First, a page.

Read in response to Clough, Jerome McGann's essay "On Creating a Usable Future" provides a far more critical—but just as enthusiastic—call to digital arms. McGann's essay serves as a manifesto on why humanities scholars should be invested in the development of digital projects. The essay was composed in response to meetings held to organize The National Digital Public Library—a plan for a massive online library that brings together the holdings of libraries and archives across the nation into one publicly accessible source. McGann sees a crisis arising: departmental and university politics are preventing scholars from having a stake in the planning of this massive project. By refusing to accept the inevitability of a digital future of the humanities, the old guard is missing their chance to influence the future of thinking. McGann encourages scholars to involve themselves in the digital. He assures them that participation in this realm is not much different from the traditional means of scholarship; however, there is a considerable social aspect to digital humanities that scholars must familiarize themselves with. McGann closes with a warning: if scholars do not participate in the formation of the digital humanities, then corporate and technologist interests will. These factions do not have the deep understanding of analog scholarship that is needed in order to stage an effective transition to the digital—only scholars possess that knowledge.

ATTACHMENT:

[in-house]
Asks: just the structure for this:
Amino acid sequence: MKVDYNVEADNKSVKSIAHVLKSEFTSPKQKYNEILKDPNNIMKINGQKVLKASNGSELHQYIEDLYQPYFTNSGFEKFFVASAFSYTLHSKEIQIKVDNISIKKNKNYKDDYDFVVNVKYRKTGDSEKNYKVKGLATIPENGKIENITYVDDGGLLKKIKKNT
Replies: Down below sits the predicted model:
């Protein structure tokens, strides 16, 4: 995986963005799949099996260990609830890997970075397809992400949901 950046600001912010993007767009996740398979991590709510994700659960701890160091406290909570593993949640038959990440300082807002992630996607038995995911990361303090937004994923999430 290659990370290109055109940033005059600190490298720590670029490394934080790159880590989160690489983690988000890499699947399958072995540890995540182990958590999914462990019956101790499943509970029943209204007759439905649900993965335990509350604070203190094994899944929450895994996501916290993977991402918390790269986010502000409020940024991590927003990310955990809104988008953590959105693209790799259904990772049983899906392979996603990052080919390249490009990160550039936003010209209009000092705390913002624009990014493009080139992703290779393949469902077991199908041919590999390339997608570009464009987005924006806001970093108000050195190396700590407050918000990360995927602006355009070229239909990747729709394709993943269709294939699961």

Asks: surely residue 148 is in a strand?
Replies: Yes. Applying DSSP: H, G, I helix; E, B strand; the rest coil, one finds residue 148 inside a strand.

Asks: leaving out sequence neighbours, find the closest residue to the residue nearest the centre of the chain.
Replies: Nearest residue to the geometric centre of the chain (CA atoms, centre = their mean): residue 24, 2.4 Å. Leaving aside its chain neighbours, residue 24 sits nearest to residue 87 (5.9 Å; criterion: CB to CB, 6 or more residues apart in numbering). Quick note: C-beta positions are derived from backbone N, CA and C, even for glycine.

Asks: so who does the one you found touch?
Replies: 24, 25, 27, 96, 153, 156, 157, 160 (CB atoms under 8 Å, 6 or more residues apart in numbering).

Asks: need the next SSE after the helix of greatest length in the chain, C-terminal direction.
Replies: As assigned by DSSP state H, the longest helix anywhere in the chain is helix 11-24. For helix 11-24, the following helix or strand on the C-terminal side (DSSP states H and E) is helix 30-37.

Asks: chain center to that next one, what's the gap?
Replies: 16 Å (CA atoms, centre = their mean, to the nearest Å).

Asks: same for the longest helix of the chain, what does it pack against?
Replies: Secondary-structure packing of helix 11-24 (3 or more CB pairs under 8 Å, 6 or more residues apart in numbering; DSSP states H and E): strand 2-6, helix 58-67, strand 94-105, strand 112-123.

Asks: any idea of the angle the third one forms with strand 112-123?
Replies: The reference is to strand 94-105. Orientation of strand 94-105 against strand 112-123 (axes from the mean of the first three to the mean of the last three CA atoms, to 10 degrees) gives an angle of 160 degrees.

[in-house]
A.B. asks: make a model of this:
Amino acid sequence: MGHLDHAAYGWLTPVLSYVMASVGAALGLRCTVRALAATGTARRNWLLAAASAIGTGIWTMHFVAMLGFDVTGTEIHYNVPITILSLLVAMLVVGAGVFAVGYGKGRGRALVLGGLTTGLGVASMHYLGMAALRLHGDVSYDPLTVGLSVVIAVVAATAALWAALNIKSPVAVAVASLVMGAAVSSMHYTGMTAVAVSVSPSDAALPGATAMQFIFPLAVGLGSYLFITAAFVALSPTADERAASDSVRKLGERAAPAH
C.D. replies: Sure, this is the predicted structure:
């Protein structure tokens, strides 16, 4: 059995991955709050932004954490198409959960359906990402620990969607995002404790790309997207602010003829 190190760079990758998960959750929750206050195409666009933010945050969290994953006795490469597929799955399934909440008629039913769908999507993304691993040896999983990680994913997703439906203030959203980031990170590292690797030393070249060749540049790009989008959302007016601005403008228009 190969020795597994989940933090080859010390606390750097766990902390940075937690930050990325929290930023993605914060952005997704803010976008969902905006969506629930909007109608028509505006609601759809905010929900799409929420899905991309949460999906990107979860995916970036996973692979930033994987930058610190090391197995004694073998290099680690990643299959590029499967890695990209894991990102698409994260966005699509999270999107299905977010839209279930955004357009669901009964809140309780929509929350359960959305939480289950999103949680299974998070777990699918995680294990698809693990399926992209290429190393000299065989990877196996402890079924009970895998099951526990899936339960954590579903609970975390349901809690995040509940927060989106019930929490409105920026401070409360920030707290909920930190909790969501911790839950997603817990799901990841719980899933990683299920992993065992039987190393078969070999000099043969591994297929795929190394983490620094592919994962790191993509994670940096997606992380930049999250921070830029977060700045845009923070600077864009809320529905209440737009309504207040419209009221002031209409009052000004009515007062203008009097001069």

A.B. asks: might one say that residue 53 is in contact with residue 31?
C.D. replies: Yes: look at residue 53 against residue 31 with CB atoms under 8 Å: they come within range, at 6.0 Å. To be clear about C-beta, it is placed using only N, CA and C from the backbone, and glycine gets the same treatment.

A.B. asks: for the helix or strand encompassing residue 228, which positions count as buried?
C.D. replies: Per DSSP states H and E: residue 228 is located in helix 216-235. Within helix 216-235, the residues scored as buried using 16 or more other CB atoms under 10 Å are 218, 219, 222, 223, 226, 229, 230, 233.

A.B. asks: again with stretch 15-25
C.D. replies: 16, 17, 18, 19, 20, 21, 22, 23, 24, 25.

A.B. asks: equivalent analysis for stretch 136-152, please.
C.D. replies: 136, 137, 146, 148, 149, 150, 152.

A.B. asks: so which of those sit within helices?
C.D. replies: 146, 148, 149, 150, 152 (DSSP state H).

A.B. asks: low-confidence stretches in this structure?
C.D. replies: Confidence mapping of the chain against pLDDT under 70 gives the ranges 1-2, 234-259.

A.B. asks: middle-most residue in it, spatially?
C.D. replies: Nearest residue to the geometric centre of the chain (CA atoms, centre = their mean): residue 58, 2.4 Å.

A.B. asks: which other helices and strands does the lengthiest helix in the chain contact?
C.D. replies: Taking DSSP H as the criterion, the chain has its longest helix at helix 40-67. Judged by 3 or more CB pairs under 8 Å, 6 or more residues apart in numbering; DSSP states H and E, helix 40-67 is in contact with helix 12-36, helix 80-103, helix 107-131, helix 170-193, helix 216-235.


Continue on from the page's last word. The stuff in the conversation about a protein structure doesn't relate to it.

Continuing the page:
This is a battle cry, plain and simple. McGann insists the “crisis in the humanities” is not about tenure or promotion—it’s about relevancy and agency in the unstoppable transition to the digital. By engaging in digital work, scholars are preparing the way for the future of the humanities. McGann is nothing short of inspirational, but his warnings are terrifying: if institution don’t realize the ground is shifting beneath their feet, they may find out too late that they have nothing left to stand on.